Just as in the last mass shooting at Fort Hood, the massacre on Wednesday ended when the gunman was confronted by a very brave policewoman.

    “It was clearly heroic what she did at that moment in time,” Lt. Gen. Mark Milley said of the officer in the more recent horror.

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  • Finbarr O'Reilly/Reuters

    Afghanistan

    How I’ll End Our Longest War

    An American military officer leaving on one of the last deployments to Afghanistan before the war ends, writes about his experiences in a new feature for The Daily Beast.

    Editor’s Note:

    Here is an American military officer’s first hand account of war, how it’s fought and how it ends.

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  • Saab

    Now You See It…

    The Best Stealth Fighter

    The U.S. military likes to think it makes the world’s most sophisticated combat aircraft. Think again.

    In 2005, Lockheed Martin labeled the F-35, the stealthy new jet they were building for the Pentagon, as a “fifth-generation” fighter. Ironically, it was a term that they had borrowed from Russia to describe a different stealthy fighter, the F-22. But the term caught on. Some of Lockheed’s rivals tumbled into this rhetorical trap and tried to argue that “fourth-generation” was just as capable—whether it is true or not, making such a case is an uphill struggle.

    But if “fifth-generation” means more than “the ultimate driving machine,” a sixth generation will emerge. Saab—yes, that Saab—can argue that it has built the first such aircraft. The Swedish plane has got a mouthful of a name: the JAS 39E Gripen. But it could well be the future of air combat.

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  • US Marines carry a wounded comrade who has been hit by an Improvised Explosive Device (IED) to a Medevac helicopter. (AFP/Getty)

    Invisible Wounds

    An Amazing New Way to Fix Trauma

    Thanks to a new invention, we’re finally learning how to diagnose and treat the lingering affects of explosive events that have led to a mass of traumatic brain injuries in veterans.

    In 2011, Scott Featherman was in Kandahar, Afghanistan as a scout platoon leader with the 2nd Brigade Combat Team of the 101st Airborne Division. He patrolled on foot, and Improvised Explosive Devices (IEDs) filled the donkey paths that crisscrossed the wadis and hills.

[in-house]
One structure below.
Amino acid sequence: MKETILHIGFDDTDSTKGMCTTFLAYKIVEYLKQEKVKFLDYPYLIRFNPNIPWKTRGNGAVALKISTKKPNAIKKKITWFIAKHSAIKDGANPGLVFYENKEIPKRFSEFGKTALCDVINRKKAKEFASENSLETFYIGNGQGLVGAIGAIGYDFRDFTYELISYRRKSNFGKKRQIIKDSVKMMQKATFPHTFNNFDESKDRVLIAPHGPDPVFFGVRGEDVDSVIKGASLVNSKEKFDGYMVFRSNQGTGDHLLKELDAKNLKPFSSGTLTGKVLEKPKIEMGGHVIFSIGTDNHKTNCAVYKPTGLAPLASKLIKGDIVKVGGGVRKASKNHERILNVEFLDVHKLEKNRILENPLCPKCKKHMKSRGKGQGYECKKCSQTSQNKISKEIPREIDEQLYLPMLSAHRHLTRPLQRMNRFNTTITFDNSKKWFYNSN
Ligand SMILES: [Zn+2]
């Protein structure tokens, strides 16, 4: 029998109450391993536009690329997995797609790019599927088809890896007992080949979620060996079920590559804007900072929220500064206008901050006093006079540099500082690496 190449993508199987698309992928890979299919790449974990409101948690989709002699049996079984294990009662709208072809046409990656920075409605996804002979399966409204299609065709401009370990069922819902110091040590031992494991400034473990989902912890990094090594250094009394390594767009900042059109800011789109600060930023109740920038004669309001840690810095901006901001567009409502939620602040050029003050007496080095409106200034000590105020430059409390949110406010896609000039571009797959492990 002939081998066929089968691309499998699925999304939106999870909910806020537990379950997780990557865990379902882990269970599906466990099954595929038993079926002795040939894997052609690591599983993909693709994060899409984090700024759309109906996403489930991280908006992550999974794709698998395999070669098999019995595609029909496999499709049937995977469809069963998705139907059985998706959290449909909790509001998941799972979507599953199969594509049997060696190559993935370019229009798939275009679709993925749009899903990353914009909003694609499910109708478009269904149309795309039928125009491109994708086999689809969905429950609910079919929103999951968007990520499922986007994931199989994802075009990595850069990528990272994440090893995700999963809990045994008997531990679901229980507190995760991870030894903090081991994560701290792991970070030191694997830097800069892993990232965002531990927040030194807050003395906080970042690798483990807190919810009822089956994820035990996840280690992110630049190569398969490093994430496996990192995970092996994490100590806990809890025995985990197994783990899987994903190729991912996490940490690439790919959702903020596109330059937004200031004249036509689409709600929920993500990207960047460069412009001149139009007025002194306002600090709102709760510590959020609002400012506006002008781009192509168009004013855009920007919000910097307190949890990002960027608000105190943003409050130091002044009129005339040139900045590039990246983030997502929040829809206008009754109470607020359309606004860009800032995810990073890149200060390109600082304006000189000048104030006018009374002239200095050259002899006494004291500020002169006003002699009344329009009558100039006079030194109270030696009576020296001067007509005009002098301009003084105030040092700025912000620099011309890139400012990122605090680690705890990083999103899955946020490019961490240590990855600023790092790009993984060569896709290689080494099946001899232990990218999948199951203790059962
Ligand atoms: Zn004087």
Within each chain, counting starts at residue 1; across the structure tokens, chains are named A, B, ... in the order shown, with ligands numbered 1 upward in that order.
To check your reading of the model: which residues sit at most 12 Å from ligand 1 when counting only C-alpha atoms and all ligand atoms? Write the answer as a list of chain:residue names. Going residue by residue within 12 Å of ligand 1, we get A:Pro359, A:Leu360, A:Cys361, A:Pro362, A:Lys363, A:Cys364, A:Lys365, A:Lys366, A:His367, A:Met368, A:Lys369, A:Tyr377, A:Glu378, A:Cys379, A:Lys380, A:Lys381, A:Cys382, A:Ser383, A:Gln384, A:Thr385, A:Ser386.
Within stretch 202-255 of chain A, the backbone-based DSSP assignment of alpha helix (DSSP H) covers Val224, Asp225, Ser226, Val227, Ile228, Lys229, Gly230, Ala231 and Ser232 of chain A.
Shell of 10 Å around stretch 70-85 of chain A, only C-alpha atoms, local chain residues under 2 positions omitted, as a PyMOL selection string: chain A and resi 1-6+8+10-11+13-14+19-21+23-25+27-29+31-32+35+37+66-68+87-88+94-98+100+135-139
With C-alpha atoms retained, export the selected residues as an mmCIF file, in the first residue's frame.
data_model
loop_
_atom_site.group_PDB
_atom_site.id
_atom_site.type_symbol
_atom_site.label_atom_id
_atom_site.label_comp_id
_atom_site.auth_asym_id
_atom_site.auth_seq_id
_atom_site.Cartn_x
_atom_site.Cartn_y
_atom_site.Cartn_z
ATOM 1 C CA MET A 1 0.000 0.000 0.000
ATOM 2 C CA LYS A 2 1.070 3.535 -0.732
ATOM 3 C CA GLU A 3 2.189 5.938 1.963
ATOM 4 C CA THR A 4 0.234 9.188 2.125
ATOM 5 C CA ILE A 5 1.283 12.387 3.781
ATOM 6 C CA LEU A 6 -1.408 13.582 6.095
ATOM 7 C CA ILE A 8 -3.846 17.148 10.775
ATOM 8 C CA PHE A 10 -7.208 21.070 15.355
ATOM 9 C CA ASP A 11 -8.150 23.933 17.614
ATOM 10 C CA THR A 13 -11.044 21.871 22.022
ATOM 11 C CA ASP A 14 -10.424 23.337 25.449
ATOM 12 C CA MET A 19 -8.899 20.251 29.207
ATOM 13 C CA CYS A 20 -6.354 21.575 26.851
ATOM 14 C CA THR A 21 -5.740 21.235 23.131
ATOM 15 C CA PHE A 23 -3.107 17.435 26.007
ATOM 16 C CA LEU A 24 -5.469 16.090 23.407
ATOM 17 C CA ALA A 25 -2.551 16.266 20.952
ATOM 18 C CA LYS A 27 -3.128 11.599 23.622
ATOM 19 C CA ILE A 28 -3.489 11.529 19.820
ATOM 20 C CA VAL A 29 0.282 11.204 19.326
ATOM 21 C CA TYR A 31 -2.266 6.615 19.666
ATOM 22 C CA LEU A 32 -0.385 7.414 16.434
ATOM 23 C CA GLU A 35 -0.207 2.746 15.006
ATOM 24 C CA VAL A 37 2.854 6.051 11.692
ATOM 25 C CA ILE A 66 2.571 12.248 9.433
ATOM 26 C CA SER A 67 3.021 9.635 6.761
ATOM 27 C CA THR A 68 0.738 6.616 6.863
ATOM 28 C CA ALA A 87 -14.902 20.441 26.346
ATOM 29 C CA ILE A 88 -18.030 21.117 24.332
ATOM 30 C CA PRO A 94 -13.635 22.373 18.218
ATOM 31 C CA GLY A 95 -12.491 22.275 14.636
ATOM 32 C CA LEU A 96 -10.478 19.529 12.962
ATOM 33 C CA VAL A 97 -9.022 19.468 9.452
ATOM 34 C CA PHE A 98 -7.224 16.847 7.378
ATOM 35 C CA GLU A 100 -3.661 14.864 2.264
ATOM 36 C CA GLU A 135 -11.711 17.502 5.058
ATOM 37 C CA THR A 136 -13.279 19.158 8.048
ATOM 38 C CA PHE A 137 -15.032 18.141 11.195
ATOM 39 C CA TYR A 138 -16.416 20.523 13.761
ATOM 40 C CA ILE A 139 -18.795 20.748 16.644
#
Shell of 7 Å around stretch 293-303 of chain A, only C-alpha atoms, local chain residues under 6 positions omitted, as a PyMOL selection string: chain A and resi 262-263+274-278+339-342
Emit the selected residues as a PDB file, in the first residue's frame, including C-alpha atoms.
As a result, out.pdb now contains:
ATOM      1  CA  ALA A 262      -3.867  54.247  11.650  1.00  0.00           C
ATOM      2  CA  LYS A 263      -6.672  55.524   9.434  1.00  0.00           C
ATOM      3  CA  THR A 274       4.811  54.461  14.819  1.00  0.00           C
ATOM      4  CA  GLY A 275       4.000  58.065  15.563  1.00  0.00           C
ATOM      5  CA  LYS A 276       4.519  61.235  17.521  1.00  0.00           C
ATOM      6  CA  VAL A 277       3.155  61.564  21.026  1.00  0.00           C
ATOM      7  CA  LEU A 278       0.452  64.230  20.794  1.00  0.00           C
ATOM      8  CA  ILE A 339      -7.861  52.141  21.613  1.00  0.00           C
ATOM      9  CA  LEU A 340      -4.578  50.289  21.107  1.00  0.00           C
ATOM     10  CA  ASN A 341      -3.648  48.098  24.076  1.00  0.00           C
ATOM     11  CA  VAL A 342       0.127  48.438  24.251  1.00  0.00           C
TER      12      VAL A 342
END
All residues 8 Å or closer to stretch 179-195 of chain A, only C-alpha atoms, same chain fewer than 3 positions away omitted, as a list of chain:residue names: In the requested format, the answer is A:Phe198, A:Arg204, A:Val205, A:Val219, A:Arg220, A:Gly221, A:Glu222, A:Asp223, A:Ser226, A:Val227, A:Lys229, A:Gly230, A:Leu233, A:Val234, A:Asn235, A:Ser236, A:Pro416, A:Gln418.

“I was hit several times when I was over,” he says, “and you have no clue if you’re hurt. You get back up, say “Am I good? Looks good.” And then you go back out.”

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  • U.S. Army PFC Lawrence S. Gordon was killed in Normandy on Aug. 13, 1944 in Normandy. He was mistakenly buried as a German unknown soldier in a cemetery in France. His family produced exhaustive research that pointed to Gordon’s whereabouts, but the U.S. military didn’t act on the case. Instead the French and German governments moved forward to exhume Gordon and identify him with DNA. (Courtesy of Gordon family)

    Finally Home

    The WWII Hero America Abandoned

    For more than 50 years, Army PFC Lawrence S. Gordon was mistakenly interred as a German soldier in a cemetery in France. The U.S. never corrected the mistake.

    U.S. Army Private First Class Lawrence S. Gordon—killed in Normandy in 1944, then mistakenly buried as a German soldier—will soon be going home to his family.

    But don’t thank the American military for this belated return. The Pentagon declined to act on his case, despite exhaustive research by civilian investigators that pointed to the location of his remains.

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  • Two F-22 Raptors fly over the Pacific Ocean. (Getty)

    Pentagon Not Ready for Cold War 2

    The U.S. military spent decades pivoting away from its Cold War stance. Now the Pentagon is less prepared than it has been in generations for a confrontation with Russia.

    There’s an old saying in the military that we’re always training for the last war, so fixated on the lessons of our most recent conflict that we’re blind to the emerging threat.

    For years, that last war was the Cold War, and the emerging threat was the insurgents of Iraq and Afghanistan. Slowly, painfully, eventually, the military reoriented itself. The result? After more than two decades of post Cold War re-alignment, the military is less prepared than it has been in generations for a confrontation with Russia.

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  • Chris Hondros/Getty

    DEPRESSING

    Food Stamps Rise in Military Homes

    Increasing since the 2008 recession.

    The families of American service members are increasingly forced to rely on food stamps to get by. Since 2007, the amount of money military families redeem in food stamps has jumped from $24.8 million to $103.6 million in 2013. Thirty percent of spouses of active-duty military members ages 18 to 24 are unemployed. The base salary for a new solider with a spouse and child is about $20,000 a year, just above the poverty line. The growth in food-stamp redemption has slowed, though: 2013 saw a 5 percent increase, compared to 2012, which saw a 13 percent uptick.

    Read it at CNN